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how income inequality statistics misrepresent reality

The Income Equality Mirage

“income inequality” rhetoric and research creates a mirage that misleads the public and misdirects public policy

Executive Summary

Rectifying the causes of poverty is very important, but focusing on income inequality is counterproductive and misleading.  Income inequality’s importance is due to its political power to motivate the masses, not it intellectual accuracy. 

Income inequality is real, but it is the result of many factors, including natural differences in ability.  But it can also be the result of manipulation of government power by special interests that pervert the free market for their personal gain.  Consequently, it can be the just result of makers who create wealth or the unjust result of takers who steal it. 

Various studies comparing income inequality to different measures of prosperity and people’s standard of living demonstrate no relation between how well off people are in a country and the level of measured income inequality there.  This is because measures of income inequality, such as the Gini coefficient, are based on a number of statistical fallacies described below.  Better measurement tools are needed if we are to understand the real causes and implications of income inequality.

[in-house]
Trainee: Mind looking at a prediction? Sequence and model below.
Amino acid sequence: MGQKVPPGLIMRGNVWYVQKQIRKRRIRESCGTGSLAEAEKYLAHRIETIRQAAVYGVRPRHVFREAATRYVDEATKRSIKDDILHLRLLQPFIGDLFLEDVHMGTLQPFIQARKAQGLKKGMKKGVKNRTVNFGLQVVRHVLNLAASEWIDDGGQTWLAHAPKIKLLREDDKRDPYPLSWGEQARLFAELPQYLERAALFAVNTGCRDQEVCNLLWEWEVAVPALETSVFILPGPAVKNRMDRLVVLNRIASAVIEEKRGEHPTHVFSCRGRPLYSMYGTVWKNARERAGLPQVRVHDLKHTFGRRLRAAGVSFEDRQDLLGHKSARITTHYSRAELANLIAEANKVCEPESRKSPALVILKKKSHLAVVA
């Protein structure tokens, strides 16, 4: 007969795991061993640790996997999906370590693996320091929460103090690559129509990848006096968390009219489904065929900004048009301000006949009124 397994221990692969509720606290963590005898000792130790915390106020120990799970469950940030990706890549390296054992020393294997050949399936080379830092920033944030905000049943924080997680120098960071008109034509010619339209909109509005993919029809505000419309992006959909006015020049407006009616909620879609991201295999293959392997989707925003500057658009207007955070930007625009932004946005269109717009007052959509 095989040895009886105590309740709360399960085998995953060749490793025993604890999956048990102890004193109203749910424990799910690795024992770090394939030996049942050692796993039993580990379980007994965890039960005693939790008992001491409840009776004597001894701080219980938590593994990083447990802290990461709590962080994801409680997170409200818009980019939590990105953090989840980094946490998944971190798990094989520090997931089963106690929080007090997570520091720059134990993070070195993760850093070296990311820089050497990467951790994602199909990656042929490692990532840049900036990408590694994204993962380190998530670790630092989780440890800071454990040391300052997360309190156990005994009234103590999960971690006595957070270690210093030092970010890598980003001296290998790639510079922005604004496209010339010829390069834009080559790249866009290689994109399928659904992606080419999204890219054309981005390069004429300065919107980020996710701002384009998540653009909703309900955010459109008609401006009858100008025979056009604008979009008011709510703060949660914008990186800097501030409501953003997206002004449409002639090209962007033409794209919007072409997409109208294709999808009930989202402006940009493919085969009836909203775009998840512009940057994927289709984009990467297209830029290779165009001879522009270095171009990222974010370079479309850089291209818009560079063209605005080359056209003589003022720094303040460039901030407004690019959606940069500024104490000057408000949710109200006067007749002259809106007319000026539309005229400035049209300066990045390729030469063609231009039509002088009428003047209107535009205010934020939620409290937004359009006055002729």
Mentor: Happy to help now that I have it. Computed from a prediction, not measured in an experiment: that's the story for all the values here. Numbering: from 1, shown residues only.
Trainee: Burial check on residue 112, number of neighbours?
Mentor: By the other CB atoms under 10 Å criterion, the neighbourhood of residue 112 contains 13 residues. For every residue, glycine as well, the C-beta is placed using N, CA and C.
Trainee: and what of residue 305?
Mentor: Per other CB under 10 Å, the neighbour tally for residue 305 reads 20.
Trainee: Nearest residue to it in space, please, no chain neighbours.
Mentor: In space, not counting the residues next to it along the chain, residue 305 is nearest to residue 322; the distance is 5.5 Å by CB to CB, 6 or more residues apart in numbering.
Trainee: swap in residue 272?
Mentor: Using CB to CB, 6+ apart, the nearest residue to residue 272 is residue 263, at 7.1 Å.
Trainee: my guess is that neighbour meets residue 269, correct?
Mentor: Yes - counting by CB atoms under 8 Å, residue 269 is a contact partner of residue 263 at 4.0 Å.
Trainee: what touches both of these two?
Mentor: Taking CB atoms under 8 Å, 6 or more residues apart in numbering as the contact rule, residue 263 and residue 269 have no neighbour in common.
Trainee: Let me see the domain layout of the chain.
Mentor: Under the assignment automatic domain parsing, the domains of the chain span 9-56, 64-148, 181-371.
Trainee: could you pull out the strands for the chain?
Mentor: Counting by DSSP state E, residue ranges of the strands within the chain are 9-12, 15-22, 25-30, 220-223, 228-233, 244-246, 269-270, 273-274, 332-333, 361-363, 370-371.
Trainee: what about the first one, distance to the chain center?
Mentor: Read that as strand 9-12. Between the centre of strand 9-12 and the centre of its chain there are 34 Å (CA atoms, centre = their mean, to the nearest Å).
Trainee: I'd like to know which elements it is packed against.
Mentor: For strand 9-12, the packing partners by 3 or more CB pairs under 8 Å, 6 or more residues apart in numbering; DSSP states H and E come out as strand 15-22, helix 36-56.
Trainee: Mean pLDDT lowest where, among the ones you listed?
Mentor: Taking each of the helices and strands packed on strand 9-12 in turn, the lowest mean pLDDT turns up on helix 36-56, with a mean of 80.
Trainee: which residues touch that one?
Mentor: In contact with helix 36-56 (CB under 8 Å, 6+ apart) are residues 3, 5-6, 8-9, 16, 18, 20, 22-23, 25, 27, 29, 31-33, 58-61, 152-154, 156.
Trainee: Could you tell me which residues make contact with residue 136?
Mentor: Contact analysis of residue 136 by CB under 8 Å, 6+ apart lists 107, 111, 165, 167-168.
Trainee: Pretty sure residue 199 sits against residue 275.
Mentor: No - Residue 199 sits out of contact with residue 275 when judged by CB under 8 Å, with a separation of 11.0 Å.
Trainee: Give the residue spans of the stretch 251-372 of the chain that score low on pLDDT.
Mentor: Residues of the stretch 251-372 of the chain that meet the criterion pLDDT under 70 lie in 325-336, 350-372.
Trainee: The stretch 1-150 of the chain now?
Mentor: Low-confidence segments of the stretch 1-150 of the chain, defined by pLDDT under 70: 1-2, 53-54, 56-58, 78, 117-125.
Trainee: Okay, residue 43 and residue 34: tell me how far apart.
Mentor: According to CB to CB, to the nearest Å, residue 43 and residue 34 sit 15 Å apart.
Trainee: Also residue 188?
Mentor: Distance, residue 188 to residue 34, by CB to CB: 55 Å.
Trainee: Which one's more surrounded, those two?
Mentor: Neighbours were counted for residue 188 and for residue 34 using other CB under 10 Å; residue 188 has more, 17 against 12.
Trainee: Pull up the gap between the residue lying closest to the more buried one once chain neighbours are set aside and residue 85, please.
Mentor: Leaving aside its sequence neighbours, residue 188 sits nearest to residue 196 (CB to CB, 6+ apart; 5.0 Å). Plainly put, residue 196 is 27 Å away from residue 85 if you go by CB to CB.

Because income inequality statistics are based on fallacious propositions, all research that uses these statistics is doomed to fail.  The first of law of statistics is, “garbage in, garbage out.”  No research based on standard income inequality measures, such as that by Thomas Piketty in his book, Capital in the Twenty-first Century, can ever lead to a better understanding of the causes and cures for poverty.

Karl Marx believed that an increase in a workers wage and standard of living was evidence of greater exploitation if the business owners’ benefit was greater than the workers, because the worker was relatively worse off compared to his boss.  Corrado Gini, a fascist theorist, created the most commonly used statistical measure of income inequality in full support of this idea.  For both Gini and Marx, elimination of envy was more important than improving prosperity. 

As a result, the “ideal” of income equality, promoted by both Gini and Marx, is a mirage that can only lead its followers into the waterless desert of government paternalism.



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